James Sullivan is currently spending some time overseas and is using the opportunity to check out local sports facilities in various places. Here he talks to us about athletics in Australia and the lessons that can be applied closer to home.
There are very few things that Australians don’t do well it seems (their very un-festive Christmas Day on the beach being one of them of course!). While the rest of the world suffers from a never ending recession and falling currencies this proud nation has withstood most of what the Global Economic Crisis has thrown at it and has become the number one emigration destination for Europeans desperate to avoid the farcical levels of unemployment that are plaguing the European Union, and Ireland in particular.
Notwithstanding the recent detrimental floods to hit Queensland this country more often than not is baked in burning sunshine providing an ideal climate for surfing, beach volleyball and indeed any type of outdoor activity. Australians certainly love their sport and their lifestyle is very much exercise driven as a result. In addition the land down under is also one of the world’s great holiday destinations with an abundance of unique wildlife, buzzing cities, and astonishing coastal and bushland scenery.
Track and field is another area where this country is currently excelling with numerous athletes claiming Olympic and World Championship medals over the last few years. In particular Steve Hooker has shown himself to be almost unbeatable in the Pole Vault and has his sights set on Sergei Bubka’s iconic world record, and Sally Pearson is shaping up to be one of the prime contenders for sprint hurdles gold at the London Olympics next year.
However this strength extends far beyond the elite level of the sport. Throughout Melbourne and the rest of Victoria the governing body Athletics Victoria runs a state wide inter-club track and field competition called the AV Shield. The championship is divided into 6 regions and incorporates 13 track meets from October to February with the top clubs qualifying for the AV Shield final.
Each athlete can compete in as many different events as he or she wishes with many people attempting as much as possible in order to score more points for their respective clubs. It is not unusual to see somebody warming up for a Javelin competition just minutes after running a lung-bursting 1500m. The idea behind the AV Shield is to get as many people of all ages, abilities, shapes and sizes competing in track and field. There is of course a strong competitive element to it with every club aiming to qualify for the Grand Final but the main emphasis is on getting people to actually enjoy competing in this great sport and not being afraid to give a new event a try.
Through the kindness of Richmond Harriers AC I got the opportunity to participate in a couple of these meets as a trial member giving me the chance to experience this great competition first hand. One of the big concerns people have (myself included) when joining running clubs and signing up for competitions is that everybody else will be much faster. The questions “will I be quick enough?”, “will there be other people there who run to my level?” etc. crop up time and time again. The AV Shield banishes any such worries. Each event is graded with the fastest people running together and the slowest doing likewise. If 65 seconds is as fast as you can sprint 400m then not to worry, you will simply be paired with other runners with similar personal bests. This gives everybody a proper sense of actual competition and a chance to win a race rather than simply running against the clock. Of course you always get the odd person who will enter a slower race just to claim a victory but thankfully this is a rare occurrence.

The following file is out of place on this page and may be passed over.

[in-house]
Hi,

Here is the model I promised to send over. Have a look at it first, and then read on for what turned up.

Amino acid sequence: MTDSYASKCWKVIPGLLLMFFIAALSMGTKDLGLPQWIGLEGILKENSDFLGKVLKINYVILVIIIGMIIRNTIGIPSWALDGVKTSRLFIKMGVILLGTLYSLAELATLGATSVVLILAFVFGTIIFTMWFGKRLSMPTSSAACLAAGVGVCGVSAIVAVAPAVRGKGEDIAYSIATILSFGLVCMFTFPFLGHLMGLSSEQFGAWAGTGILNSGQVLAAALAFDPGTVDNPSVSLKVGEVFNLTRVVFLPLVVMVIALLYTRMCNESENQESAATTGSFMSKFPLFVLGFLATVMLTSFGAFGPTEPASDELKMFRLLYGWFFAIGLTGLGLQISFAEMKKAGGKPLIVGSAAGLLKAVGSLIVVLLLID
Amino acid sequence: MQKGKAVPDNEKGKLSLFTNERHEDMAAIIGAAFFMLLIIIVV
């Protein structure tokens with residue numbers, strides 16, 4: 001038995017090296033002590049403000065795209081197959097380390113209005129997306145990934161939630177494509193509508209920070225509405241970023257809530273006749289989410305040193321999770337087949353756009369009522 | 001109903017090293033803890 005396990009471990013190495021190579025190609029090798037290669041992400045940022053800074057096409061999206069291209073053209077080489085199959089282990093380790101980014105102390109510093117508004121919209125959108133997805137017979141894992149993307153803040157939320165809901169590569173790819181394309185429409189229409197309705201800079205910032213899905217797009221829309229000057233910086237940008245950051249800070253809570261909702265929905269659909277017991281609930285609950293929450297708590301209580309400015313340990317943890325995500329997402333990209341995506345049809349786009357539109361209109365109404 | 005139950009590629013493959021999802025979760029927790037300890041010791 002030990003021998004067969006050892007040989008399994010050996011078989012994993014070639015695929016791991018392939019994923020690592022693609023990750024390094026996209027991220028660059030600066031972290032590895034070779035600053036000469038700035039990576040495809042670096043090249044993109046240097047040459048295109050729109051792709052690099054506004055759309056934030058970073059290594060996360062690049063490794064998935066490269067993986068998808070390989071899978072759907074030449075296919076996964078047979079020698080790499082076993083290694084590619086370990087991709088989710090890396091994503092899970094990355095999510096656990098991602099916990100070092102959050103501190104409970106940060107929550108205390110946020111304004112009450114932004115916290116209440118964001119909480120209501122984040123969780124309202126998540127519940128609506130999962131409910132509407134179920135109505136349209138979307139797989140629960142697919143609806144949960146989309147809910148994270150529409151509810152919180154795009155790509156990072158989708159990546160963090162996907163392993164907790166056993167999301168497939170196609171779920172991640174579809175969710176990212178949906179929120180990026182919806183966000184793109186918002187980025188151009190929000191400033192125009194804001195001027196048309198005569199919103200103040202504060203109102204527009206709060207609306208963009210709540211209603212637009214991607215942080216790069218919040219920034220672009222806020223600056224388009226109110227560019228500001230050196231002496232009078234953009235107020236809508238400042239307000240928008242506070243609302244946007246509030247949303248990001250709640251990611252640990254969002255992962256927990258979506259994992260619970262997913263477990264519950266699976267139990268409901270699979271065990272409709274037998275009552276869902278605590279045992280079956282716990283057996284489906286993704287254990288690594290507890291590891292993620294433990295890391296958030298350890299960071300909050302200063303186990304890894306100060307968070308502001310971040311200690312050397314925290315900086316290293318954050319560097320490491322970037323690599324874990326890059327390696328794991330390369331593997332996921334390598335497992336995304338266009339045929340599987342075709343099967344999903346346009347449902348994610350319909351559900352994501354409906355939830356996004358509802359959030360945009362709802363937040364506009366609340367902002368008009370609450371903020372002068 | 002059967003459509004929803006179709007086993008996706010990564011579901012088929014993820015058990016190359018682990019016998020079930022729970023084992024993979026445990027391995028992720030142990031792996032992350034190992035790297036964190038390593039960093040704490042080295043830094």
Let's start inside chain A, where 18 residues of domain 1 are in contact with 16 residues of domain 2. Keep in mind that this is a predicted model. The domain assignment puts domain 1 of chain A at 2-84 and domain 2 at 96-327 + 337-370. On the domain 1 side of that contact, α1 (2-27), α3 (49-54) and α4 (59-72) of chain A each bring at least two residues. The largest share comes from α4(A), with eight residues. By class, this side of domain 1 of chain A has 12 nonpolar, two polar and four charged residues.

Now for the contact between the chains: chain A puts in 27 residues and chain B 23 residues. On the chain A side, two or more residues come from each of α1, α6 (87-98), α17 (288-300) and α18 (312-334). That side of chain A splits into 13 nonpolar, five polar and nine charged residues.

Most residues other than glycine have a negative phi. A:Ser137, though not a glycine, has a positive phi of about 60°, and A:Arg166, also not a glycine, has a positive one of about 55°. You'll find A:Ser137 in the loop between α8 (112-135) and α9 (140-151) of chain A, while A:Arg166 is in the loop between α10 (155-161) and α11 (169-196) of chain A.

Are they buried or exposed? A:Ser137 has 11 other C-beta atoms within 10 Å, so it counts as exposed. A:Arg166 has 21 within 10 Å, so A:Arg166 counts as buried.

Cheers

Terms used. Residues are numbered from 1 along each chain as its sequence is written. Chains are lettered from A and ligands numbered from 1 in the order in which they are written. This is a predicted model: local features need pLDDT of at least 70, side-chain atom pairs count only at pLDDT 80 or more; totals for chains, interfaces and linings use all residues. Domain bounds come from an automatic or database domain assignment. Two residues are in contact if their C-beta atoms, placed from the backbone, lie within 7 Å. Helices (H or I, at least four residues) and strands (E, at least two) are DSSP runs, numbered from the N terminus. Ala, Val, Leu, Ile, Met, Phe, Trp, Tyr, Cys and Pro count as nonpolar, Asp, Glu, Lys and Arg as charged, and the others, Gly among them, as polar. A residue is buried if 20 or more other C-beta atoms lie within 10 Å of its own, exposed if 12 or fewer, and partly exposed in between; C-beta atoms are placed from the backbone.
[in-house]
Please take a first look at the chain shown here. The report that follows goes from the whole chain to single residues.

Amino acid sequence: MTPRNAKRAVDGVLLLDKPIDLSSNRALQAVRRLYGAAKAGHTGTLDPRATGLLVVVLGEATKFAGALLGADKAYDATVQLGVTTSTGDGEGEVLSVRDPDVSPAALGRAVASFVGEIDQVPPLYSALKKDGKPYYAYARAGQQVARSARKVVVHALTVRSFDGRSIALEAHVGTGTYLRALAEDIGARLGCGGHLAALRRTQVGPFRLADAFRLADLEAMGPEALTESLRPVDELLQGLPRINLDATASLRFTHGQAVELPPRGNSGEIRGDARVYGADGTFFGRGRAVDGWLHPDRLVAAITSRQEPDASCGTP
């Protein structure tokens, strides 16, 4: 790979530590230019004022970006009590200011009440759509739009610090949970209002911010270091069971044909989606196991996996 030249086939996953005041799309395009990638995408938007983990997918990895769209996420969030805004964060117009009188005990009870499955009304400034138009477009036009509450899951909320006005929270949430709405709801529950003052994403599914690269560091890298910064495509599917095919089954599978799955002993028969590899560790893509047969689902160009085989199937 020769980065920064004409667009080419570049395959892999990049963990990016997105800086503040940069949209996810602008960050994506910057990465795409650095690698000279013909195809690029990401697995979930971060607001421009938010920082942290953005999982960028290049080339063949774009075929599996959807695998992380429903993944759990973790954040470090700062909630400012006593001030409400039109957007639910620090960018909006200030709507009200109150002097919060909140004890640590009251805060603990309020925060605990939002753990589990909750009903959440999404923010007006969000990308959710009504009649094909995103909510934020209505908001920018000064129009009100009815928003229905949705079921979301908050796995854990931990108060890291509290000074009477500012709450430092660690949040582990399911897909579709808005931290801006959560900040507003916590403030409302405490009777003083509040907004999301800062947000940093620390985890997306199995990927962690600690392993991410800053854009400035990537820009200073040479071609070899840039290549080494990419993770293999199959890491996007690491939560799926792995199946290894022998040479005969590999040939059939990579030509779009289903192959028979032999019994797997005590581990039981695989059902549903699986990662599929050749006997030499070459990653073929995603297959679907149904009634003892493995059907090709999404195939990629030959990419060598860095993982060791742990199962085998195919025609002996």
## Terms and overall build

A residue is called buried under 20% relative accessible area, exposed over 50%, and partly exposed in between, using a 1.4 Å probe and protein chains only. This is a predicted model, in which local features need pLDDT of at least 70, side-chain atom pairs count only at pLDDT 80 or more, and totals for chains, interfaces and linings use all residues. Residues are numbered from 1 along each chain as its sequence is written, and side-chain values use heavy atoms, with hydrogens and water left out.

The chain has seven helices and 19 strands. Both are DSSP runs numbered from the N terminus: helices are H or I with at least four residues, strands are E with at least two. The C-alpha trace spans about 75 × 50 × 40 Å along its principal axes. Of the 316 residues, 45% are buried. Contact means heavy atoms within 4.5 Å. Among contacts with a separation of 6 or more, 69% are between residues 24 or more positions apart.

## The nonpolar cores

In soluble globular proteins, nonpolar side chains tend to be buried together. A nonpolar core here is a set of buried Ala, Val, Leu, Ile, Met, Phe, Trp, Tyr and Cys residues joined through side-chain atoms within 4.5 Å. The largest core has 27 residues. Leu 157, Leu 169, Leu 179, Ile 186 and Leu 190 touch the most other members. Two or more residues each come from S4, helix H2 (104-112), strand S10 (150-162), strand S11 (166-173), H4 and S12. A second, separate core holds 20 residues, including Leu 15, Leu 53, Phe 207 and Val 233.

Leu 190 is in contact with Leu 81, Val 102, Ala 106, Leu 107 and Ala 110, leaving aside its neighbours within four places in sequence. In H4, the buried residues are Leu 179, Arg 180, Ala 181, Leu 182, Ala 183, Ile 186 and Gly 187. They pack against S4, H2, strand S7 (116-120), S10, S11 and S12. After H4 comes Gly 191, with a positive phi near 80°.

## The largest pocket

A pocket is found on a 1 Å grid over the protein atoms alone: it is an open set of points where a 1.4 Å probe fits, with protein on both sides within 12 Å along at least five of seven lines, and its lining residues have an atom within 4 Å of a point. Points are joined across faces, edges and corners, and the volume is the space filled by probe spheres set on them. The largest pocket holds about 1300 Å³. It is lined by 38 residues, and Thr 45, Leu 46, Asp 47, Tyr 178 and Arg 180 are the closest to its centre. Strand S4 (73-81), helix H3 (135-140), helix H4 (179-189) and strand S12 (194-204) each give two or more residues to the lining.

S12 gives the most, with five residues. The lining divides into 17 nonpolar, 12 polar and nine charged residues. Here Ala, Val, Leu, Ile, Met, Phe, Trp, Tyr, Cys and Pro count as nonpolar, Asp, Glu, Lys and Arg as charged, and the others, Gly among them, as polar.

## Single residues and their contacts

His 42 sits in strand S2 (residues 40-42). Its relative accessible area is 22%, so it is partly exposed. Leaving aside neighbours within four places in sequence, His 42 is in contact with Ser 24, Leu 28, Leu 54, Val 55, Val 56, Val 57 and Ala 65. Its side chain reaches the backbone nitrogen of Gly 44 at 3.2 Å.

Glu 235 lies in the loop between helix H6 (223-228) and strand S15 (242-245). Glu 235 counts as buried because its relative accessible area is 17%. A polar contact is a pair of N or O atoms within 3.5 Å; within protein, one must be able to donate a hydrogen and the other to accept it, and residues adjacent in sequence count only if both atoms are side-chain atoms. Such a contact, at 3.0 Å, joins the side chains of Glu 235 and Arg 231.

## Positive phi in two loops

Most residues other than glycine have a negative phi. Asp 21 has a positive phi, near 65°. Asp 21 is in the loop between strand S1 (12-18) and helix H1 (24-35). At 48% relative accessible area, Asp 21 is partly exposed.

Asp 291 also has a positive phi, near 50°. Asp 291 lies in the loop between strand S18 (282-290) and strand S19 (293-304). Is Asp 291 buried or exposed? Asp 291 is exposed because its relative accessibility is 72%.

Athletics Victoria and the local clubs have really fostered a great culture of grassroots athletics and after seeing such a well organised event that caters to absolutely everybody it makes me feel quite sad that such a setup does not exist in Ireland.
There has been a huge running boom throughout the Western World in general and Ireland in particular over the last few years with more and more people signing up for road races such as 10Ks, Marathons and Ultra Marathons. Record numbers ran in last year’s Dublin Marathon and it appears that ploughing through the muscle aching torture of the iconic distance is becoming more and more popular among recreational runners.
Getting specific about my own country though this mass participation success does not tell the full story about the state of the sport. While the popularity of road running is at an all-time high track and field is suffering from low participation numbers. The reason for this is simple; there is no structure in place to develop a grassroots culture in the sport. In Dublin there are graded meets which is the closest thing we have to Victoria’s AV Shield. However such an event still attracts mainly runners who are of a high level and a 2:30 runner for 800m would be very quickly dropping off the pace in even the slowest race. In Ireland there very much exists an elite culture when it comes to track and field. If you are a 55 second runner for 400m there is no future for you in the sport which is why so many give up and end up running marathons or other road races.
Maybe if we took a leaf out of Athletics Victoria’s book and got more of the average Joes running 400m, 800m etc. rather than just road running events then perhaps our country would have a much greater interest in the sport of Athletics. Just a thought Athletics Ireland if you’re reading!
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